|The Body on the Serpentine by Nene
Adams ©2004 - All rights reserved
A Gaslight Series Short Story (formerly available to Supporters of the Library)
I was angry with my friend;
And I watered it in fears,
And it grew both day and night,
And into my garden stole.
London, England 1890
t was, Lady Evangeline St. Claire reflected, a perfect day for a picnic.
Having some time to themselves with no criminal cases in sight, she and Rhiannon Moore - her lover, partner and other half of her soul - had purchased a large hamper of delectables from Fortnum and Mason, that purveyor of ready-made luxuries, and hied off to fashionable Hyde Park to bask in the late summer sunshine.
The two women had found a lovely spot near the Serpentine, the artificial lake that separated Hyde Park from its neighbor, Kensington Gardens, and settled beneath a shady tree to indulge in the time-honored occupation of watching passers-by. From shopgirls in bombazine and nannies with their charges, to gaily dressed ladies of leisure and the gentlemen who escorted them, the park was a popular place to be seen en promenade.
"Isn't that Baroness de Witt?" Rhiannon asked. She was seated on the picnic blanket, leaning on one hip with her legs folded together on the other side – a sidesaddle posture that seemed more uncomfortable than it truly was. Lina thought the other woman looked rather fetching in a lace-trimmed cherry-amber silk gown whose color set her strawberry-blonde hair ablaze.
Lina reluctantly tore her gaze away from a perusal of Rhiannon's generous décolletage. “Yes, I believe that is Cordelia de Witt, but the gentleman is not her husband. I had thought her to have a tad more discretion than parading a lover in public.”
“He might be a cousin or a some other relation,” Rhiannon said, biting into a plump scarlet strawberry. “You needn’t assume the worst.” A bit of juice collected at the corner of her mouth; Lina wrestled the urge to lean over and lick it away. The sweetness of the berry juice would not, she knew, equal the sweetness of Rhiannon’s lips.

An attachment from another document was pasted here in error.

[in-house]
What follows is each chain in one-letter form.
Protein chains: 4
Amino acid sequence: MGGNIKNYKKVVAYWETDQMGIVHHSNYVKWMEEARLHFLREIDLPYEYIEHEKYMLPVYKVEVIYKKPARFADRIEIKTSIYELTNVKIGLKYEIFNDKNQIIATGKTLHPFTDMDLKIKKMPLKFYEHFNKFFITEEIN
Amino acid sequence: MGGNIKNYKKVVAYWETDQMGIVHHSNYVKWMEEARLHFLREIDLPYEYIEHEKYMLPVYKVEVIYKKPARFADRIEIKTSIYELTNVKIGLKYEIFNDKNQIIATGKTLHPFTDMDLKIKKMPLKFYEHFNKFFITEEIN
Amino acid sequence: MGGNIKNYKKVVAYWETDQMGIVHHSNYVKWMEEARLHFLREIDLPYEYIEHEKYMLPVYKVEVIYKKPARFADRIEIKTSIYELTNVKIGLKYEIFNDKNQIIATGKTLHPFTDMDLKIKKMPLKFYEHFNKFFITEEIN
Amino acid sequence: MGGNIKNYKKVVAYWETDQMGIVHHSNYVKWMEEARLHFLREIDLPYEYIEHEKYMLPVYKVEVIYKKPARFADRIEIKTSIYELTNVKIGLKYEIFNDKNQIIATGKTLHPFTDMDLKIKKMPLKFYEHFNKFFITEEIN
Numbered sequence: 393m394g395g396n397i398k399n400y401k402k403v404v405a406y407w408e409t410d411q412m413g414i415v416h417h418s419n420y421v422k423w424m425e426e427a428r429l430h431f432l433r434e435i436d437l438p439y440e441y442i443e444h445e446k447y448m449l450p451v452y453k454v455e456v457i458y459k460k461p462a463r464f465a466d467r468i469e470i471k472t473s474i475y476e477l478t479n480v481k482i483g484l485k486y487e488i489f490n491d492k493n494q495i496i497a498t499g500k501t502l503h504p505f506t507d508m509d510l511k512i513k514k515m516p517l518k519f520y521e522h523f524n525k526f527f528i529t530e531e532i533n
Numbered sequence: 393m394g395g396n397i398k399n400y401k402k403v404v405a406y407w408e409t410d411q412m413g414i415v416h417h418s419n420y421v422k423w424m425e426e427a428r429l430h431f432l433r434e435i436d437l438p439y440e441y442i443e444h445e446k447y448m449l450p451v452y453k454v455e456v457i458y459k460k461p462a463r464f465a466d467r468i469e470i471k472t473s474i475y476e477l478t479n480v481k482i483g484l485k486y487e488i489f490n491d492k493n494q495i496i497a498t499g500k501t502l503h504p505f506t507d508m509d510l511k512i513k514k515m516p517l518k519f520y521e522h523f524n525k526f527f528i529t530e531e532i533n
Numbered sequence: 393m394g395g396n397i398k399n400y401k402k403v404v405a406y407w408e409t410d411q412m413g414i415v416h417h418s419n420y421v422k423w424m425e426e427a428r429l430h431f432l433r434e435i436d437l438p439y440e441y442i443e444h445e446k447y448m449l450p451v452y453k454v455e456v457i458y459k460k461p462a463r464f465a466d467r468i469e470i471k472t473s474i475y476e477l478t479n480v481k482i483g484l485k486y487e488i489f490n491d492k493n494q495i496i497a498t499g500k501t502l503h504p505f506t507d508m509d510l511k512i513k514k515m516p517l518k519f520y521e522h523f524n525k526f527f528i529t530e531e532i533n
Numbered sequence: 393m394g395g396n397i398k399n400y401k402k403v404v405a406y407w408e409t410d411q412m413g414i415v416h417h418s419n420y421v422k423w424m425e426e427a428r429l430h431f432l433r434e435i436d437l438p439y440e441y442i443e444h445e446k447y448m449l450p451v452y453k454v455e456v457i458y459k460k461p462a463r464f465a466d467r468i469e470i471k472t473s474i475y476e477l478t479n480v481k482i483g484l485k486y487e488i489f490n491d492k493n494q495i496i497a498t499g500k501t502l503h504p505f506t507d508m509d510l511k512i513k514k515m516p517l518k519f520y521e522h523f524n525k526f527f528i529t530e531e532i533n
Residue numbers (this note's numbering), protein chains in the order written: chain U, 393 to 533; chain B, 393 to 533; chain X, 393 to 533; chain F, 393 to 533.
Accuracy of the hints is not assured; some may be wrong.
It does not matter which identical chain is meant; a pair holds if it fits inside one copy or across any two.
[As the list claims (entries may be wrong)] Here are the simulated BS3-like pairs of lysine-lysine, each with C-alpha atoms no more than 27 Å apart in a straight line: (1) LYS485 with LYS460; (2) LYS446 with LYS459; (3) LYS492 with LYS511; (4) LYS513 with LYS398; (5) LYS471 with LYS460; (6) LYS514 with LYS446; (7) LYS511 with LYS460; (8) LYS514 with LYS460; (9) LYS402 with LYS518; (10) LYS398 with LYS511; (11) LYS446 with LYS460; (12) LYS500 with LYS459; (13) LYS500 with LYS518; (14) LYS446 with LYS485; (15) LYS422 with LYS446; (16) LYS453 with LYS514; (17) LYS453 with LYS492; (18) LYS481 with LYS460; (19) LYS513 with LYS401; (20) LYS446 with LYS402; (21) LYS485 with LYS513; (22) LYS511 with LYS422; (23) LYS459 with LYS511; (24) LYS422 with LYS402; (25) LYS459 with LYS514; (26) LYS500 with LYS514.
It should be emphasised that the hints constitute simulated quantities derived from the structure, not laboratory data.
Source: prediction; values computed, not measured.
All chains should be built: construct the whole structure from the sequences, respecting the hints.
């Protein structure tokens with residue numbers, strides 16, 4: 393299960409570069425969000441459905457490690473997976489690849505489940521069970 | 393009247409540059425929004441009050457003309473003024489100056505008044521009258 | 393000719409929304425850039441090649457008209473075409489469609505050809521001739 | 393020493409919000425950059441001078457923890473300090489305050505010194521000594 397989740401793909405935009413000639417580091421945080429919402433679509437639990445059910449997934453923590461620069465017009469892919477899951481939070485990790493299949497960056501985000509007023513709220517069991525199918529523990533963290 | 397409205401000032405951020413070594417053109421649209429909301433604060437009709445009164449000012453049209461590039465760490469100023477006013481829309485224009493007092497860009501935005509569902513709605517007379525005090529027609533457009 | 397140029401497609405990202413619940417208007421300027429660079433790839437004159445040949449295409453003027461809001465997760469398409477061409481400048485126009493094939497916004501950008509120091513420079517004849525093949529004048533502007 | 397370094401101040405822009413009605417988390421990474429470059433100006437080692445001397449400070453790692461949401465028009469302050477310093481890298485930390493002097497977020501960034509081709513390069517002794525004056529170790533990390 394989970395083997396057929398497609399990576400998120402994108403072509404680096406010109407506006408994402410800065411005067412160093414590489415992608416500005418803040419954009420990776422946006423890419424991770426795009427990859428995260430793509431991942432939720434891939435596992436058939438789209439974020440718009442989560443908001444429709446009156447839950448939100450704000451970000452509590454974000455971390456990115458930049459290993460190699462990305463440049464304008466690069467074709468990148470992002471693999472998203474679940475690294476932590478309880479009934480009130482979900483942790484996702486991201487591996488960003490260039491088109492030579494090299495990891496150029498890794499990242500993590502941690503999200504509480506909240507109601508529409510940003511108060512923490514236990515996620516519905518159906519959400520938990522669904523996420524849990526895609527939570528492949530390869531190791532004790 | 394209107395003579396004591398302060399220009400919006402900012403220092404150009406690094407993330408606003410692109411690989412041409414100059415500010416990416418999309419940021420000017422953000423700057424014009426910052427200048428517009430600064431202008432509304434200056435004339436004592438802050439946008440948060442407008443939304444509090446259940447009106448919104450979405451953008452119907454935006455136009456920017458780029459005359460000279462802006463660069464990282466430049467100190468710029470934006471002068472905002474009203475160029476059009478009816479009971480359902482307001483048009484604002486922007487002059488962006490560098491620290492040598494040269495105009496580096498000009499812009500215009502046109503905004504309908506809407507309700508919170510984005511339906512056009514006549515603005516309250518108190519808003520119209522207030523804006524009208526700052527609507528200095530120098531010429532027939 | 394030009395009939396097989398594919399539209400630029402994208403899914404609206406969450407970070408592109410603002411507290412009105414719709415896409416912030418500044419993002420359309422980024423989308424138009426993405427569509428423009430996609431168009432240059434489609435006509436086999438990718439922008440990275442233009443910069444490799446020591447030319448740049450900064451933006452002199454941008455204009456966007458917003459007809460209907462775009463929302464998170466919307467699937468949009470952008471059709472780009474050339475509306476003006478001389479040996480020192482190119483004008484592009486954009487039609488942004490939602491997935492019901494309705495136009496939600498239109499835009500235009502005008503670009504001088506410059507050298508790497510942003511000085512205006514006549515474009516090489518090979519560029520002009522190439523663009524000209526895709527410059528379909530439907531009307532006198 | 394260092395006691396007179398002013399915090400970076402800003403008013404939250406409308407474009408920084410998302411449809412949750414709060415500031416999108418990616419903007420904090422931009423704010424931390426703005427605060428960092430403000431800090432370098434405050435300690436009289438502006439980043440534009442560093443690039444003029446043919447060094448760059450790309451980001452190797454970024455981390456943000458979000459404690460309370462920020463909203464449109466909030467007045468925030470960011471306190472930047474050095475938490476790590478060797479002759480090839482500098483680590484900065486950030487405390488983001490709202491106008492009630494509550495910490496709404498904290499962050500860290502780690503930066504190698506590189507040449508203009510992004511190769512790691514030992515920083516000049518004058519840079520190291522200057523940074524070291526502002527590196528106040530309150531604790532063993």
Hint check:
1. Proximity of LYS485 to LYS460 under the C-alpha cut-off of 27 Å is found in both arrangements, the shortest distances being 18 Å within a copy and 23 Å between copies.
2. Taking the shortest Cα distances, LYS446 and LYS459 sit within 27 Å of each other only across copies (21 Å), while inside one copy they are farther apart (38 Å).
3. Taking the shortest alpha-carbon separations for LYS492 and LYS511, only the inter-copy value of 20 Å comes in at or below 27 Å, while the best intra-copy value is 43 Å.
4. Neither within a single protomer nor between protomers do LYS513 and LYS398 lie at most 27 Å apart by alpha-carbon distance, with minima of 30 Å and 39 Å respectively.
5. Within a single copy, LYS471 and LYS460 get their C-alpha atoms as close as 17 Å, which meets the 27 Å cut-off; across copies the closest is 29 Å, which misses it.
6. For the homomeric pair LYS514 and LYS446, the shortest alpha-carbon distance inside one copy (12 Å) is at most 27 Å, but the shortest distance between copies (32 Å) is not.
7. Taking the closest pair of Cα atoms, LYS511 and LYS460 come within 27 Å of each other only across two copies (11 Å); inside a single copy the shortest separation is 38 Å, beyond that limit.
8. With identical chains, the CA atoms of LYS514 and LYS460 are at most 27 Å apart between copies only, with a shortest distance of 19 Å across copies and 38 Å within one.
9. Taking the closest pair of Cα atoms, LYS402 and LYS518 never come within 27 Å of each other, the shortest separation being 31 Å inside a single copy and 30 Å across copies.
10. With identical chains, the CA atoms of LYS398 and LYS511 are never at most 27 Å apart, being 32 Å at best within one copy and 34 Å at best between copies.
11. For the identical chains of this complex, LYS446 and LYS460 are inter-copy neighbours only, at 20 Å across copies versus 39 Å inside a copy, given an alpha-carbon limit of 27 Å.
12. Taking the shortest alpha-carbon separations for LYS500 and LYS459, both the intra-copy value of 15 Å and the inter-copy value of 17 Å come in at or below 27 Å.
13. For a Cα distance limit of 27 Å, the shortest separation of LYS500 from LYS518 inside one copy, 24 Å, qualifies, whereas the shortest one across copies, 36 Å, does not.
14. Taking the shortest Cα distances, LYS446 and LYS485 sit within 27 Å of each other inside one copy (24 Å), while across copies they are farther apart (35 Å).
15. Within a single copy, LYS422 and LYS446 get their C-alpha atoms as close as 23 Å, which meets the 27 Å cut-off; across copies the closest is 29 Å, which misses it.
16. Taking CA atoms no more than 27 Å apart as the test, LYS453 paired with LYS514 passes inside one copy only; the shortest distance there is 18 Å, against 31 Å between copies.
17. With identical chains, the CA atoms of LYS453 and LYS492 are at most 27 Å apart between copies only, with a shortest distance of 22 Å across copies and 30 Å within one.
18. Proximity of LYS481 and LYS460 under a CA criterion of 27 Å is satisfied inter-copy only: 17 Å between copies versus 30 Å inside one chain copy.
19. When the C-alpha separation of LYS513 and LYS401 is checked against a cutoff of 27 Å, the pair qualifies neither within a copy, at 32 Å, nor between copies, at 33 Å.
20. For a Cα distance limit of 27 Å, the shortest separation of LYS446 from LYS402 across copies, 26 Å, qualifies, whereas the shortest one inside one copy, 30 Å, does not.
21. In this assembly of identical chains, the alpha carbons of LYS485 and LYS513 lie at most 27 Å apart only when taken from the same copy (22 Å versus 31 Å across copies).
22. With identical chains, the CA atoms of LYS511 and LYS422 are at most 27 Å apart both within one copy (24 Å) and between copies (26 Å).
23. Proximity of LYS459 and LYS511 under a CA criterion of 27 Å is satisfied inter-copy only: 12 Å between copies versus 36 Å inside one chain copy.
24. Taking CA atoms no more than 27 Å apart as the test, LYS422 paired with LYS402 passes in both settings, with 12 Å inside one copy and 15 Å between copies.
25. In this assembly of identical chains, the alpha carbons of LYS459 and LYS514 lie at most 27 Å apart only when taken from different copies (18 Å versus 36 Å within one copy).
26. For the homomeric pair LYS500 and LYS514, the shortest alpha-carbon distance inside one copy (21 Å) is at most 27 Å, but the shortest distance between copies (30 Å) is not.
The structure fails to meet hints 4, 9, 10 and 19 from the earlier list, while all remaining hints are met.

To quell the sudden and insistent thud-thud-thud of her heart, Lina investigated the contents of the picnic hamper. If one appetite could not be satisfied, perhaps another could. The uniform-clad, white-gloved assistant at Fortnum and Mason had outfitted them with cutlery, crystal glasses and delicate china tableware; the hamper also contained an outstanding selection of foodstuffs including a crock of goose liver paté, lobster, ham, boned quails in aspic with prawns, strawberries and a bottle of champagne.
She expertly eased the cork from the champagne bottle with her thumbs; not for her the showy explosion that resulted in the loss of half the contents and left the remainder unpleasantly flat. After serving herself and Rhiannon with bubbly champagne, Lina took some ham and a bit of quail aspic, happy and content and full of joi de vivre.
This state of affairs lasted until a wail from nearby startled her into dropping her glass of champagne, wetting her skirts and staining the cream-and-ivory moiré and satin stripes of her dress. Lina looked around to locate the source of the contretemps and saw a woman struggling to rise from the grass, her motion hampered by her bustle; the tight sleeves of her dress were threatening to split at the seams under her agitated movements. On the opposite side of the blanket, a fat and florid man was choking, both beefy hands clutching his neck, his eyes fairly bulging from their sockets.
“My husband! Someone help my husband!” the woman screamed, wringing her hands in the depths of her distress.